What’s the icon?

The icon at the top of the site is William Cotgreve’s coat of arms, painted on an old wooden board in St John’s Church in Chester, the parish where he lived. It’s not the only copy in the church, the other one looks like this:

Both of them spell his name surname Cotgrave, but William wrote it as Cotgreve, like this:

Both the shields are red, with a white zig zag line across the middle, with little black patterns on it – they’re meant to look like ermine tails, the black tips to a stoat’s tail when it turns white in winter. The zig zag is surrounded by three bugles made of cows’ horns.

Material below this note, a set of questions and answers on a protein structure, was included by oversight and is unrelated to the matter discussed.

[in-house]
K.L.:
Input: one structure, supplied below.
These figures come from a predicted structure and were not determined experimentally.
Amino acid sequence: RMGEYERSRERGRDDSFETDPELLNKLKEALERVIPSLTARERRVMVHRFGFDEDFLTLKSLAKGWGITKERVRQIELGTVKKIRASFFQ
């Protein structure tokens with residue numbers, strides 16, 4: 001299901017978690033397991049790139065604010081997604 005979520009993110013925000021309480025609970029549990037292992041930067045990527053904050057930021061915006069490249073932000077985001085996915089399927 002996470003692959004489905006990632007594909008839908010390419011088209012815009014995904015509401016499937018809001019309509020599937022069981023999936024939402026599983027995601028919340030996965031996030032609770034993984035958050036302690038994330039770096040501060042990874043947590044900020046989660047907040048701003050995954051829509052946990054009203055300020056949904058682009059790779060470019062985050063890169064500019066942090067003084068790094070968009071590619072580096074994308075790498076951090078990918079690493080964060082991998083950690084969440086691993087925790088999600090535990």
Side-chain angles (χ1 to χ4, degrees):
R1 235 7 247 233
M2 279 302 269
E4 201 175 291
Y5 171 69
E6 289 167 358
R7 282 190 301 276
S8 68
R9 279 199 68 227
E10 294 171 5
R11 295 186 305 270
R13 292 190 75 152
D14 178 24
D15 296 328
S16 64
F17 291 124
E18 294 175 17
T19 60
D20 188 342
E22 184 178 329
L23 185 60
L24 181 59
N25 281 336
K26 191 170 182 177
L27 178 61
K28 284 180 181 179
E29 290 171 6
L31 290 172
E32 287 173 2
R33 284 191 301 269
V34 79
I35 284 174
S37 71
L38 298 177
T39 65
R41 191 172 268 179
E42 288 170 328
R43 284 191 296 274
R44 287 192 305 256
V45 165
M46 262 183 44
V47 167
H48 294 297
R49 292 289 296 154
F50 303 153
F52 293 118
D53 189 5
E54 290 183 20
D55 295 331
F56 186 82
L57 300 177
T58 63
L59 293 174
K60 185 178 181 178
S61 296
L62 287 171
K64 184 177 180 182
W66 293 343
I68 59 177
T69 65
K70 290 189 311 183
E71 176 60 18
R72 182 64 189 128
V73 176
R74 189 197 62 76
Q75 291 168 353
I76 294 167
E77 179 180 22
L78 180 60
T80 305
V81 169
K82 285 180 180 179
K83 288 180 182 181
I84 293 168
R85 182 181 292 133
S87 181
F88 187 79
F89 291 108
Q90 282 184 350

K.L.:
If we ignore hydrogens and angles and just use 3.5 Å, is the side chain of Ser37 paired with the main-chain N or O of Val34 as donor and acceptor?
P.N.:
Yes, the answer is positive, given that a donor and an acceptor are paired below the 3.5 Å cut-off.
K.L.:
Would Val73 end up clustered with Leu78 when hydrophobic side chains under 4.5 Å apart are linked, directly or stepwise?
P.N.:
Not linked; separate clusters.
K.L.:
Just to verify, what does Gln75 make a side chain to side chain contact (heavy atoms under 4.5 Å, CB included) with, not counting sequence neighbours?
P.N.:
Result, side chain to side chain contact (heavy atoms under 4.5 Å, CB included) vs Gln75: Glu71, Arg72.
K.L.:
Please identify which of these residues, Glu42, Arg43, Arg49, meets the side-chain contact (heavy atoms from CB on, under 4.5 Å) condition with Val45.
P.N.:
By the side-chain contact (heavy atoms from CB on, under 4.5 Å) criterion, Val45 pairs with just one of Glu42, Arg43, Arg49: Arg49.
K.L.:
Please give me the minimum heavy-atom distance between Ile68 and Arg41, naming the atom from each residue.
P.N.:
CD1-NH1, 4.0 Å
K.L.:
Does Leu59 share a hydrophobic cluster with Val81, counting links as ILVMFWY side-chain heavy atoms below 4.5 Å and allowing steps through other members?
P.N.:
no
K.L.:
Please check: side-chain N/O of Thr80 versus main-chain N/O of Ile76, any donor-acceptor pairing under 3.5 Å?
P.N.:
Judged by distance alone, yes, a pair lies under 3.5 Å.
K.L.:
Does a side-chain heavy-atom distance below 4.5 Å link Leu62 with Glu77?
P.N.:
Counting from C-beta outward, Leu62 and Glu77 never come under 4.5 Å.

The version used on the icon has a little crescent in the middle at the top, which means that William was the second son – he had an older brother called Randolph. William owned an inn called The Crow on Foregate Street in Chester, and he was Mayor of the city in 1589, which is why the authorities thought he was important enough to be commemorated in the church.

The board names all the parishioners of St John the Baptist’s church who had been Mayor of Chester since 1529.

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